“That was really important for them to do that,” said Zimmerman. “That gave them a sense of pride to do
“These are people in very rough circumstances of life,” he continued. “Foods Resource Bank’s program develops their self-esteem to be able to move forward with their lives.”
He is quick to mention that material poverty in no way means spiritual poverty.
“Those people work a lot harder, make a lot less, and they don’t consider themselves poor,” Zimmerman said.
Lundy said he was affected by his faith before undertaking Fields of Faith, but since becoming involved in the project he’s learned firsthand who is calling the shots.
Fields of Faith Project is a Blessing
“It’s helped me to realize more that God’s in charge,” he stated. “As long as we don’t try to take over, it’ll work out.”
Rev. Schubert has seen how members of his congregation and others taking part in Fields of Faith have been brought along in their faith through the experience.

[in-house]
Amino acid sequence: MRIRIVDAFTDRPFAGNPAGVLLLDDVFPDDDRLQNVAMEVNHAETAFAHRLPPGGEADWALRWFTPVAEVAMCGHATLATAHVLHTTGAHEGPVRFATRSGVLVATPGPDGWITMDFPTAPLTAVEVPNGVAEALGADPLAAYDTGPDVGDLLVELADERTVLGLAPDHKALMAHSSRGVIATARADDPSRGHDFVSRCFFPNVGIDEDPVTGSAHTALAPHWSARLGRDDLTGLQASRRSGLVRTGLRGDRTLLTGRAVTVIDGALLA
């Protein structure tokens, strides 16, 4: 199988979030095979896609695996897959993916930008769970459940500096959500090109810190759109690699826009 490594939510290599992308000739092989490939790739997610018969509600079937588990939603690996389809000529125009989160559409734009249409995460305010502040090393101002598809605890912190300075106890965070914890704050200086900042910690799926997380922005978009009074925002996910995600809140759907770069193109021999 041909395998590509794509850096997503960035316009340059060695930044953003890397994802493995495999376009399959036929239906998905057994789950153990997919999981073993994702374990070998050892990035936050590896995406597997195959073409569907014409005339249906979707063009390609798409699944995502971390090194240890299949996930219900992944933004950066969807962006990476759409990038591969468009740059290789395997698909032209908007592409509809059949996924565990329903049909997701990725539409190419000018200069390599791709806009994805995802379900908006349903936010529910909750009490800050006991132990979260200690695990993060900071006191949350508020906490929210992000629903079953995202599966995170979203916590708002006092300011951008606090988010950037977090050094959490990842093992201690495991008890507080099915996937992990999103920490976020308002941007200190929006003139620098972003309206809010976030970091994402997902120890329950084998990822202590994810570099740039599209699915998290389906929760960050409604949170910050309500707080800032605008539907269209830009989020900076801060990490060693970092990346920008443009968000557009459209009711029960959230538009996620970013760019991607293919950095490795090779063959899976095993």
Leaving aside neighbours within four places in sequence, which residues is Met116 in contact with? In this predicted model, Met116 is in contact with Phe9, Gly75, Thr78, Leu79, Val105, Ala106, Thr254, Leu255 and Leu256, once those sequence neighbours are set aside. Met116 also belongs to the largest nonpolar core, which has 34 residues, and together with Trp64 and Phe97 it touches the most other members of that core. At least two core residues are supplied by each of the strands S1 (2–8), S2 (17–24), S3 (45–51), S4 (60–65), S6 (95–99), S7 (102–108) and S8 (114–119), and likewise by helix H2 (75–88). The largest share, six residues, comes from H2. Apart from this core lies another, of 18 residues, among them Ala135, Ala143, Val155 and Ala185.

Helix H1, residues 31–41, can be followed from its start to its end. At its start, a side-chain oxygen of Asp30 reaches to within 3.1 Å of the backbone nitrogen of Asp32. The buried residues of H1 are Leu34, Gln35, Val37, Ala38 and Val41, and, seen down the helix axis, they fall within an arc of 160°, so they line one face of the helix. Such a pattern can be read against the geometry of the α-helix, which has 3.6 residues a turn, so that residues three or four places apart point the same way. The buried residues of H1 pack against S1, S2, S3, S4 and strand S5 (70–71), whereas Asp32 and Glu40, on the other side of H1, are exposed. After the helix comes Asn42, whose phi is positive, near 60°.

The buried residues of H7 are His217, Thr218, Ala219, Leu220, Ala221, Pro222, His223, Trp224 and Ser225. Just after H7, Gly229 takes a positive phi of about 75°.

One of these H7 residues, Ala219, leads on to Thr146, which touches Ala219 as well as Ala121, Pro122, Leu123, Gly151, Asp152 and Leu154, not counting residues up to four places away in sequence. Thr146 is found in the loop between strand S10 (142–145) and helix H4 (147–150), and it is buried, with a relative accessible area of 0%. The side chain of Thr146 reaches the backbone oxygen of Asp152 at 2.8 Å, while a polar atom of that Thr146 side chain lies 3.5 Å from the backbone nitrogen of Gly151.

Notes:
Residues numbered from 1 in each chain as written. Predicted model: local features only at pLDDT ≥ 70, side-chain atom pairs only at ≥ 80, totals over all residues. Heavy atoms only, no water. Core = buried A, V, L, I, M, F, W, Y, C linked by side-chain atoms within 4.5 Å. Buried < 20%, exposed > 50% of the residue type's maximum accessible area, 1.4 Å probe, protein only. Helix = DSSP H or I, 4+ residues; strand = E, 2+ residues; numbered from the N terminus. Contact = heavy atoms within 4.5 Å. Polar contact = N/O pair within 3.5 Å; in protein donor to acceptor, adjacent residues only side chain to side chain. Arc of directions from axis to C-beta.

“The people who are involved, it’s having been part of it that’s helped them grow in really cool ways,” Rev. Schubert said. “They are engaged in the kingdom.”
Whether it’s reaching people many miles away with assistance or engaging a neighbor in the process, the Fields of Faith project has been a blessing to the church and wider community.
“It certainly has given them a path to talk about God in ways that normally wouldn’t be there,” he continued. “They’re able to be a witness in ways that otherwise would not be there.”